Decline and Fall review – Waugh-mongers be damned! This is a fine show

The ghastly gaggle of toffs are back with Jack Whitehall as the perfect Pennyweather and Eva Longoria bringing the glamour in this excellent companion to Evelyn Waugh’s classic novel

A ghastly gaggle of braying Oxford toffs leave behind a trail of destruction, safe in the knowledge that they’re rich enough for their own mess not to affect them and that it’s the poor man who will suffer the consequences ...

The previous government administration? Actually, this is Decline and Fall (BBC1). And you were worried that what Evelyn Waugh satirised in 1928 might have lost some of its relevance today?

Jack Whitehall is a splendid Paul Pennyfeather, decent but naive, and easily led astray by the raggedy collection of fellow “teachers” at Llanabba, the hopeless public school in Wales where he ends up after being kicked out of Oxford.

They’re wonderful, too: David Suchet as ineffectual headmaster Dr Fagan; Vincent Franklin as dipso Prendy; Douglas Hodge as gay peg-leg Grimes, who somehow always ends up in the soup (bigamy soup this time); Stephen Graham as creepy porter Philbrick.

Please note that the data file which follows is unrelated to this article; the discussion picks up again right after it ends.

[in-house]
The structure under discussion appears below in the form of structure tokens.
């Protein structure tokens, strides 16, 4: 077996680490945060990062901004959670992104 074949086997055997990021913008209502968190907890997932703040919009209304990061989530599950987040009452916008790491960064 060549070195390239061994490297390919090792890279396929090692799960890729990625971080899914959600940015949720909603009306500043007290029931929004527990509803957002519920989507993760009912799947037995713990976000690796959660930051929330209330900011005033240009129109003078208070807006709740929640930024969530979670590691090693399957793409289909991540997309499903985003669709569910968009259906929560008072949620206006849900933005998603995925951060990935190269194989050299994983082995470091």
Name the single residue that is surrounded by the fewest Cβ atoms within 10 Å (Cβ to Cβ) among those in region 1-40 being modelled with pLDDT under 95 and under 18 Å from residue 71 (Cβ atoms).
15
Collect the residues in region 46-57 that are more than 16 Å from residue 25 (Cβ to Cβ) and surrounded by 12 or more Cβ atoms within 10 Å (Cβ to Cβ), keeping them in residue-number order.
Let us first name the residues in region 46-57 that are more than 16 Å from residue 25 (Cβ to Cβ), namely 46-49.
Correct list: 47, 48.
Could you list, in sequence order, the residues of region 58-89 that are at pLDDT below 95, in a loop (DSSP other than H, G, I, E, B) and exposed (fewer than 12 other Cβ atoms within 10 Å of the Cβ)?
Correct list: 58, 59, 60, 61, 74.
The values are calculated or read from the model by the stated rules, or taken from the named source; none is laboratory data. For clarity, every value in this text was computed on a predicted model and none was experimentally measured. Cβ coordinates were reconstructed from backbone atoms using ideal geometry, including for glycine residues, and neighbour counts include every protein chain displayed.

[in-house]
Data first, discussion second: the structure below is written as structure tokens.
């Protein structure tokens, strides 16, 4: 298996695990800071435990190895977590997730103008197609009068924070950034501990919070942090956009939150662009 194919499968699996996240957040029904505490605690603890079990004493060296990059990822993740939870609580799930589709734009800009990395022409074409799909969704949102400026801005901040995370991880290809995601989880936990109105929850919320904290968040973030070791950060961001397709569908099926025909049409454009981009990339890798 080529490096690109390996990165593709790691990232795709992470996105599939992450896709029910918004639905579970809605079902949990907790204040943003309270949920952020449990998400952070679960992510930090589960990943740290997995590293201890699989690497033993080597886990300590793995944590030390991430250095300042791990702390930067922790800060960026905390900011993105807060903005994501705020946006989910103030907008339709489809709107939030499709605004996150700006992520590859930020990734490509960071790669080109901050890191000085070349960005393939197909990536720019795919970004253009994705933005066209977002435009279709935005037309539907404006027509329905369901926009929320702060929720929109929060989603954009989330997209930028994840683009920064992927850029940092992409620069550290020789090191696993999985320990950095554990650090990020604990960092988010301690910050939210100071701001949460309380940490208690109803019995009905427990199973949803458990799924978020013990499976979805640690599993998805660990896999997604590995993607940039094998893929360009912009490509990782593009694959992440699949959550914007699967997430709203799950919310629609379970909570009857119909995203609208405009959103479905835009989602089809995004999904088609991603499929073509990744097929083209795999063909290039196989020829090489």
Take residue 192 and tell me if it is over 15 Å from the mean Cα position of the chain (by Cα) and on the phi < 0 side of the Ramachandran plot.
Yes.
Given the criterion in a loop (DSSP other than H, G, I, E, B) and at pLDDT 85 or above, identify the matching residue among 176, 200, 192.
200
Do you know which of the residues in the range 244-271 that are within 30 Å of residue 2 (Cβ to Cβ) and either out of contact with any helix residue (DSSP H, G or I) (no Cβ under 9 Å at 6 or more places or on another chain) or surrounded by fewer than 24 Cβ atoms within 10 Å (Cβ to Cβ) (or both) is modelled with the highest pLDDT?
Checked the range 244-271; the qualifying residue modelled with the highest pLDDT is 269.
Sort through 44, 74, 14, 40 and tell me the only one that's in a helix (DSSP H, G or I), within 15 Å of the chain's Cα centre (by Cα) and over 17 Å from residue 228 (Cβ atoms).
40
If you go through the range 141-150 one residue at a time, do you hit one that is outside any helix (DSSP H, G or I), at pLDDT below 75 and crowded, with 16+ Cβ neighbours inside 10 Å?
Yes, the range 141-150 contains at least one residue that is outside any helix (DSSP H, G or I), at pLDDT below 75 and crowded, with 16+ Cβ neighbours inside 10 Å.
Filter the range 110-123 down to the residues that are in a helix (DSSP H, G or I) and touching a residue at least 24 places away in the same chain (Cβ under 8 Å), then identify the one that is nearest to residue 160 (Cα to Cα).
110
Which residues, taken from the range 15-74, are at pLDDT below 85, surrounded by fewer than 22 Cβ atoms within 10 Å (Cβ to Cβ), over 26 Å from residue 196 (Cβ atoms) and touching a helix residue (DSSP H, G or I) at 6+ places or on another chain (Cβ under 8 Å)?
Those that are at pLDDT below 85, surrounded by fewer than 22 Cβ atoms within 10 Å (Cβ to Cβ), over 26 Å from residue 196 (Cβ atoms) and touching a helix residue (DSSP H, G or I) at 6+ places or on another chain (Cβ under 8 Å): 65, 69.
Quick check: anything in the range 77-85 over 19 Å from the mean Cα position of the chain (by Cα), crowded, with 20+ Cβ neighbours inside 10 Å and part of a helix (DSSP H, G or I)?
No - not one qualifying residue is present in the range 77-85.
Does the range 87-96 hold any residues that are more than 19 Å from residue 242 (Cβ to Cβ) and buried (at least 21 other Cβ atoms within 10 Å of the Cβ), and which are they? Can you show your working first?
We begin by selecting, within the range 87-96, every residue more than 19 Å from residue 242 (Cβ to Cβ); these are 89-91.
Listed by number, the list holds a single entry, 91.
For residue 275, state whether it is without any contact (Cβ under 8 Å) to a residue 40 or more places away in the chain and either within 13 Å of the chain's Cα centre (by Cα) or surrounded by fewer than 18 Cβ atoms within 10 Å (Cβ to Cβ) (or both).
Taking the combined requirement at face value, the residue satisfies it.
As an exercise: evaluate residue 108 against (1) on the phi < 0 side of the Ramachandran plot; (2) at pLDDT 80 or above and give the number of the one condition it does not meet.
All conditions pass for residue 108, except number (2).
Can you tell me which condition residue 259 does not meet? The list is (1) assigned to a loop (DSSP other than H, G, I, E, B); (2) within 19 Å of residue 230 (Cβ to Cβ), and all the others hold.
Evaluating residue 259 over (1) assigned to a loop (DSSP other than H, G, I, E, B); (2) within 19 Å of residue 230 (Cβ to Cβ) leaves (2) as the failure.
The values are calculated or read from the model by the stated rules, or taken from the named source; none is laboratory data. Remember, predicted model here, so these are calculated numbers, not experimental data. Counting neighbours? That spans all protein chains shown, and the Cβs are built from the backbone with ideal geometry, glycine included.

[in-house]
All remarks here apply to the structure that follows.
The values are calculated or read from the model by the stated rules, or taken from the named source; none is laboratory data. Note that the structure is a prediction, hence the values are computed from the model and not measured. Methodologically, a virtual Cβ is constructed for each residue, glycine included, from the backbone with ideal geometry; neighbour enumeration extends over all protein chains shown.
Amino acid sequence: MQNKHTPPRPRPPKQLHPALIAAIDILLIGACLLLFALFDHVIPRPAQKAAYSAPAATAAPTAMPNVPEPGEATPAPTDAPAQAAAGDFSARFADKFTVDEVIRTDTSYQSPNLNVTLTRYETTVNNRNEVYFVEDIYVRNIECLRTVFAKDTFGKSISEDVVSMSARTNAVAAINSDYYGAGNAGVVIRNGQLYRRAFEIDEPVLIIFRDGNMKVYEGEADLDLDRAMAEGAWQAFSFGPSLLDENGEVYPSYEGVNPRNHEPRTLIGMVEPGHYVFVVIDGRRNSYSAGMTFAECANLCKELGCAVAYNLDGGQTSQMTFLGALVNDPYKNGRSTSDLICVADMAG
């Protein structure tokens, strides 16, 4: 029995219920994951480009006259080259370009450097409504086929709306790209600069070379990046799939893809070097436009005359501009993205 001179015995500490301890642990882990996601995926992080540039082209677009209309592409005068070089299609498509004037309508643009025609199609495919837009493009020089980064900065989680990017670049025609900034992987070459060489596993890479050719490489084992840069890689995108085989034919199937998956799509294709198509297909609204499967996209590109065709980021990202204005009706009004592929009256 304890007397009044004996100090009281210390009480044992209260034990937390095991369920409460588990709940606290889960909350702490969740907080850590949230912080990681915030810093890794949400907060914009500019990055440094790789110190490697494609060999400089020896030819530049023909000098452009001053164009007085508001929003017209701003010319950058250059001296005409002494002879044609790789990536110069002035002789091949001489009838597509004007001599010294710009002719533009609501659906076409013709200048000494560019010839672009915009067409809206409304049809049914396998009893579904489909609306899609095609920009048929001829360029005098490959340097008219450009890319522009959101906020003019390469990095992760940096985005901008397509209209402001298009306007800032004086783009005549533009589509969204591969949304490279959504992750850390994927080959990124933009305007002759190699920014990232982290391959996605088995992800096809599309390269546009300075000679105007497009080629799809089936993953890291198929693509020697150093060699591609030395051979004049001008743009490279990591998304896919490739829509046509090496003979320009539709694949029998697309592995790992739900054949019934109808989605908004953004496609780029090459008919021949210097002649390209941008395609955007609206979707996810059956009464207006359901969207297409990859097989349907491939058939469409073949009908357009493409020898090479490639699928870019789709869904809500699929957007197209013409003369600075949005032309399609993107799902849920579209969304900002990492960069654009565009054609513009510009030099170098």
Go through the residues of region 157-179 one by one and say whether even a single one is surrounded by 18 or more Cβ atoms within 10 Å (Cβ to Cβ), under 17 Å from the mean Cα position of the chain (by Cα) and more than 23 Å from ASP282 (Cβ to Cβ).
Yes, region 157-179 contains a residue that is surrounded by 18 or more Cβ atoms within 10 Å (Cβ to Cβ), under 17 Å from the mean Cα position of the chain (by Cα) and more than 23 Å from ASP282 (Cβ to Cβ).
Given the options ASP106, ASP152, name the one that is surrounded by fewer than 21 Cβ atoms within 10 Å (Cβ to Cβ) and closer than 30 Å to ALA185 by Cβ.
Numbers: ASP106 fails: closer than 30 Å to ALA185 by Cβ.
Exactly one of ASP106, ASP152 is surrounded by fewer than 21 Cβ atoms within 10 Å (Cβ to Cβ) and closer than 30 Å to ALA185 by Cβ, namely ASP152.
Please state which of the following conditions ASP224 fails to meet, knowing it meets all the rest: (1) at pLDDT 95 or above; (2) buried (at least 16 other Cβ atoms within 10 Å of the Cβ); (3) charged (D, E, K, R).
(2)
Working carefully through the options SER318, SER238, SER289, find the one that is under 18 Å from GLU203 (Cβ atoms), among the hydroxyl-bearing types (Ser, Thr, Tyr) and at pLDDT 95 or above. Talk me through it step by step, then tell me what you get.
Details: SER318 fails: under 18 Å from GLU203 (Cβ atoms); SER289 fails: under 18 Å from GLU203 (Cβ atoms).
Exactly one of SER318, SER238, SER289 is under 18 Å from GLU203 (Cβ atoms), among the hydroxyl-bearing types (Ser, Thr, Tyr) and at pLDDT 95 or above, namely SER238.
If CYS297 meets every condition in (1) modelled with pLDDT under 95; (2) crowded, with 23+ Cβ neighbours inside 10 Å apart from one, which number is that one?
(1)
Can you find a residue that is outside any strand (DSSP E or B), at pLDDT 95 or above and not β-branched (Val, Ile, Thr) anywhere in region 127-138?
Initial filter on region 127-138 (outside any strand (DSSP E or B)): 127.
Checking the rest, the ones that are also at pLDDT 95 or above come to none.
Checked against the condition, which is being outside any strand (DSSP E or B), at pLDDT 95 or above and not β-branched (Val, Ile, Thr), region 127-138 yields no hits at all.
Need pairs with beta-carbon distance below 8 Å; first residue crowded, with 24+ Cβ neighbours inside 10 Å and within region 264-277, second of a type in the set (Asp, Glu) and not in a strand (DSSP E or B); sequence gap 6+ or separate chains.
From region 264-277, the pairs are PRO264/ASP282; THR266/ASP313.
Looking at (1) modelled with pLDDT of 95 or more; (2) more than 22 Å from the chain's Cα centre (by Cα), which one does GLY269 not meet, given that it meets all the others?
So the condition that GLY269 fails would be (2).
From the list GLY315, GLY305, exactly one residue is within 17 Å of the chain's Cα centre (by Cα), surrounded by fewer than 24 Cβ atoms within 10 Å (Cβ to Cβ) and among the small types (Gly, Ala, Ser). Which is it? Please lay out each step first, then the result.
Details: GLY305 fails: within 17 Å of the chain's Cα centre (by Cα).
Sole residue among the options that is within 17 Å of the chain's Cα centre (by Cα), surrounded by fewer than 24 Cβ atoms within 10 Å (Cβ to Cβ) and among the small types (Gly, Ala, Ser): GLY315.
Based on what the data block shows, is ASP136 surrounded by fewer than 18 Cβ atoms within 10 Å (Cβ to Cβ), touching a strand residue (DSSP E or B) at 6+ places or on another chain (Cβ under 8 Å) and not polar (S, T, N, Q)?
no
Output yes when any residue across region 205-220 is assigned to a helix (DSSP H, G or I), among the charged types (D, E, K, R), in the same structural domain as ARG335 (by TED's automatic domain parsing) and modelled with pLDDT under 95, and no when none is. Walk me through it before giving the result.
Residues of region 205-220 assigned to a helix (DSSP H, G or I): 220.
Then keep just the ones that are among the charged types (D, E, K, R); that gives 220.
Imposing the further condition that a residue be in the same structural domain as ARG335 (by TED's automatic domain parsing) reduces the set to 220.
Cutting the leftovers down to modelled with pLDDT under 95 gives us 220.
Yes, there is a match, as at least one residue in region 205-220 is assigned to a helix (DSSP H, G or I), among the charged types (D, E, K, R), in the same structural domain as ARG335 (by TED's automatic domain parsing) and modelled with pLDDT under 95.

From Desperate Housewife to yummy mummy Margot Beste-Chetwynde … Eva Longoria in Decline and Fall.
From Desperate Housewife to yummy mummy Margot Beste-Chetwynde … Eva Longoria in Decline and Fall. Photograph: Warren Orchard/BBC/Tiger Aspect

Eva Longoria provides the glamour. From Desperate Housewife to yummy mummy Margot Beste-Chetwynde, with silk legs and chinchilla body. Pennyfeather’s eyes are soon popping out of his head and his tongue lolling like an excited puppy’s.

There’ll be a hoo-ha about this adaptation, of course – the usual one. How can a work so dependent on the wit of the written word translate to the screen, the Waugh-mongers will cry. But this shouldn’t be seen as an alternative; it’s more a companion piece. Of course it doesn’t all go in, and will be lighter for it.

But having reskimmed the novel, I’d say that Rev creator James Wood has done an excellent job. This is less adaptation and more like a damn good edit, which manages to retain verbal nimbleness as well as the novel’s essence and spirit (plus a little light racial awkwardness). And as for tossing a pig’s head into the opening scene with the Bollinger boys, well, I think that’s allowed, as well as further adding to modern political relevance.

In fact, can you hear it, beyond the hoo-ha, coming from the ha-ha, where the author is buried, in Somerset? Actually, you can’t, because it’s not noise but silence – the sound of Waugh not turning in his grave.

Contributor

Sam Wollaston

The GuardianTramp

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